We hope you enjoy this selection of photos, reviews and other memorabilia from our show archive. If you want more information about any of our past shows, please feel free to get in touch.
by Jenni Balow
You might have known one or two wicked women, but this one is seriously bad, bad, bad and even disowned by one of the most notorious highwaymen of the 17th century - because she's so scary.
But don't let that put you off, because this is a truly classy melodrama, mischievous, inventive, fast-moving and gorgeous to look at and listen to, despite that wicked, wicked woman.
She is played with relish and effortless athleticism by the dazzling Georgina Bennett, who portrays an aristocratic lady, with a snoring boring husband, who gambles away her family jewels, decides to disguise herself as a highwayman and jumps on a horse to grab them back.
Unfortunately, and hereby hangs the tale, she is stimulated by danger and her raiding missions continue until she encounters rival highwayman Jerry Jackson, played by the dashing and later deeply troubled Mark Haumann.
Then things begin to unravel still further when Hogarth (Danny Swanson) her house steward, begins to suspect that something is amiss . . .
Alongside the main plot, the Minack's granite stage is rapidly transformed by a superb sequence of events - we have snow-blowers creating a 'blizzard' as two snowmen are created with carrot noses, hats, scarves and coal pompom buttons, then gently 'dissolving' as the scene shifts.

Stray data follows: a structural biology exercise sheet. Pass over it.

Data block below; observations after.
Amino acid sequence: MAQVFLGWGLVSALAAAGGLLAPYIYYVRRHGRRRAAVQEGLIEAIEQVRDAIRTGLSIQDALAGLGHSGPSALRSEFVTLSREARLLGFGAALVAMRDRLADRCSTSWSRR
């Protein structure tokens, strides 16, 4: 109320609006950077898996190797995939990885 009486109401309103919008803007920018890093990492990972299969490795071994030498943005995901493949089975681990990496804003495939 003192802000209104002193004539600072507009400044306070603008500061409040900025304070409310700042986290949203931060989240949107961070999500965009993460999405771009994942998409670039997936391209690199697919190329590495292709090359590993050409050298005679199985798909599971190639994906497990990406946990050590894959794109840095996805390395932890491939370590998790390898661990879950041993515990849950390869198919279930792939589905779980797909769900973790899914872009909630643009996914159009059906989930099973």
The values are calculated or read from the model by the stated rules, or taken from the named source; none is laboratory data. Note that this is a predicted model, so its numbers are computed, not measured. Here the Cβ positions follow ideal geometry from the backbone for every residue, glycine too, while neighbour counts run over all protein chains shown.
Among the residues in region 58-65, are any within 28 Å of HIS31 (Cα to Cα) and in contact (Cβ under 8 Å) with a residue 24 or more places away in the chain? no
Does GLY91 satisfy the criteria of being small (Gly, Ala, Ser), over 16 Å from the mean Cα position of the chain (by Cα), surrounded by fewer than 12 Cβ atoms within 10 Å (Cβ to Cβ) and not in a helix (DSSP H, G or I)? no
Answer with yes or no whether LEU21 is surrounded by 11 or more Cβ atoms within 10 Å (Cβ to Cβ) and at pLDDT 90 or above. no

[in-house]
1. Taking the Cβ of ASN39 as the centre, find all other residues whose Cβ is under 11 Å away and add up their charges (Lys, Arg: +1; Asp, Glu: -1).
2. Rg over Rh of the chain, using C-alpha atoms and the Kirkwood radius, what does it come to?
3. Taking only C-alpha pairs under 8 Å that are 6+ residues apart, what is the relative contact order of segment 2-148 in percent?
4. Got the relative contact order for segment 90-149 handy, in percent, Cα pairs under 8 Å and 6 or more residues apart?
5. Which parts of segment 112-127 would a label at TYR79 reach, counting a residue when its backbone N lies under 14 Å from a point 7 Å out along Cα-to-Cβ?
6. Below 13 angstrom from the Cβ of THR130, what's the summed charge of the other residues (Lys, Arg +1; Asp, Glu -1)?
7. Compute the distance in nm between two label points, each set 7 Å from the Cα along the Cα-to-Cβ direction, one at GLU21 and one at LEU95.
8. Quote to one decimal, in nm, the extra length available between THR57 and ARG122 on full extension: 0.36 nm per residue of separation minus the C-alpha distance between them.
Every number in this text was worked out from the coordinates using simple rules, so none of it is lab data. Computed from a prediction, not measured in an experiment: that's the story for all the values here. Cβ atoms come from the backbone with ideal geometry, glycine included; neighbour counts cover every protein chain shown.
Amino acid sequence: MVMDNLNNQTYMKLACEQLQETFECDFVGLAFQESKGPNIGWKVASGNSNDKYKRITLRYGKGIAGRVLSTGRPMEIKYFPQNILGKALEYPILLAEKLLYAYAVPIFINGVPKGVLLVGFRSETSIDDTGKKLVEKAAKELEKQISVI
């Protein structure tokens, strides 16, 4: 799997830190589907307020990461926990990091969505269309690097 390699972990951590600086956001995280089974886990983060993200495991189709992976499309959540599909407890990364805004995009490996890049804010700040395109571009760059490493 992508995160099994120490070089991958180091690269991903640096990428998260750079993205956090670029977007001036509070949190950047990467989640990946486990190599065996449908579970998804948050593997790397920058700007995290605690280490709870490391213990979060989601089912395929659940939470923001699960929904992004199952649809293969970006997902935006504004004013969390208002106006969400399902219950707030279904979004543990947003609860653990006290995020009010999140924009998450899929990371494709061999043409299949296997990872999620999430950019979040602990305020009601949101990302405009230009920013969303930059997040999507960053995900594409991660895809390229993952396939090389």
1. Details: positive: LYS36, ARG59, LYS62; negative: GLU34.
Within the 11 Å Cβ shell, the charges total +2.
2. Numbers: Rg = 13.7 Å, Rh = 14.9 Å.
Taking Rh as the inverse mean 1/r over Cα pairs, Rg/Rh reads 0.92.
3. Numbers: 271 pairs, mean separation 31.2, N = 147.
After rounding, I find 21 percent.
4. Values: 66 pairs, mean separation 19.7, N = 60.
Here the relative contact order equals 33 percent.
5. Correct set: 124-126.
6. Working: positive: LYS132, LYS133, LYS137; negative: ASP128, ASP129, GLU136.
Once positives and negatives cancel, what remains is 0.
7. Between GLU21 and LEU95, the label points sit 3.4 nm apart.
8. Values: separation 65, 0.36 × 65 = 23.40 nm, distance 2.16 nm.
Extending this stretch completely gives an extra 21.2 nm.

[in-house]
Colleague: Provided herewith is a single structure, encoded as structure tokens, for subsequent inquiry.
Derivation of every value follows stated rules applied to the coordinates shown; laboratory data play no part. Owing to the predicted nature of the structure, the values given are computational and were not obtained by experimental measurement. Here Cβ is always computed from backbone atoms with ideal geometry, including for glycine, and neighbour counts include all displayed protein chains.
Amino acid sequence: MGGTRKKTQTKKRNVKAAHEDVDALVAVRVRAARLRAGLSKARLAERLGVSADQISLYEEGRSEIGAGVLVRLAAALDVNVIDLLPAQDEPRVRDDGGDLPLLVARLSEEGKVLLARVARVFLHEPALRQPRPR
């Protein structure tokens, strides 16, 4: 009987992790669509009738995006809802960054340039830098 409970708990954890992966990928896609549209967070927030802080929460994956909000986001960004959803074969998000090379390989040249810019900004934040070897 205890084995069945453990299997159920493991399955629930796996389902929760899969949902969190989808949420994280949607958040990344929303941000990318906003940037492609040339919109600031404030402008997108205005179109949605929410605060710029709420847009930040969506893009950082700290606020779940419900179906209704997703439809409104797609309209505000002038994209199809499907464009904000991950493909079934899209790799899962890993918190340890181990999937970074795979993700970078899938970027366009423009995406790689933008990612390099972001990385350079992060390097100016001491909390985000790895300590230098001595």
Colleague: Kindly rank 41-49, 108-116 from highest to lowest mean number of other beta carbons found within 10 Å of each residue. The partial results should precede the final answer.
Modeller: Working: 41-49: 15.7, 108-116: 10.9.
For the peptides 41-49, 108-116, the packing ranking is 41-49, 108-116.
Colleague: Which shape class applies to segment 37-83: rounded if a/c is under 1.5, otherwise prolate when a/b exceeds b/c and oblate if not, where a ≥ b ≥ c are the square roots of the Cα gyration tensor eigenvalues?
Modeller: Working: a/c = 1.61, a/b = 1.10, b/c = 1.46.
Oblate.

Our eyes take in a shimmering swan lake, with Tchaikovsky's music to match, and a glittering frosty ice rink where skaters glide to the Viennese Waltz, played by the aptly named No Rest For The Wicked Band that is on stage throughout.
Musical director Pete Dawson leads the way on cello, matching a huge range of music to the action, memorably including Pachelbel's Canon, and joined by Amy and Tom Dawson, Darren Barsby, Andy Howell, Gavin Palmer and Julia Ryan on everything from guitar to penny whistle.
A May Day festival features Morris Men waving outsize white handkerchiefs as they dance around a Maypole, and a collection of the cutest toy pigs, dogs, sheep and calves are assembled for Market Day.
The all-encompassing set designed by Steve Onyon, with gallows-ready ghostly white trees, windows that open and mirrors that move, brilliantly evokes the stylish contemporary feel that playwright Bryony Lavery gave to this melodrama when it was re-worked eight years ago.
Shattered Windscreen directors Jan Palmer Sayer and Chris Janes seized on the dynamic script "full of creative challenges" and the company team gleefully gallops along with it.
Speaking of which, the many horses heads needed for 17th century travel, have been exquisitely designed by Helen Coyston.
By contrast, sleek scooters skim over the stage and slick choreography by Sharon Jolly, with costumes by Penny Coyston, lighting by Ken Alford, Andrew Coystone on sound, and a scampering stage team carrying suitcases that convert into bar or bed, add a light and modern touch.
The rest of the cast including Hannah Leonard, Paul Morton, Tamsin Goodwin-Connelly, Gavin Palmer, James Harper, Josie Melton, Des Turner and Andy Howell all give tremendous support.
This story has come a long way since Margaret Lockwood wowed record numbers of cinema-goers back in 1945 as The Wicked Lady - it's a fantastic production, and it's still wicked.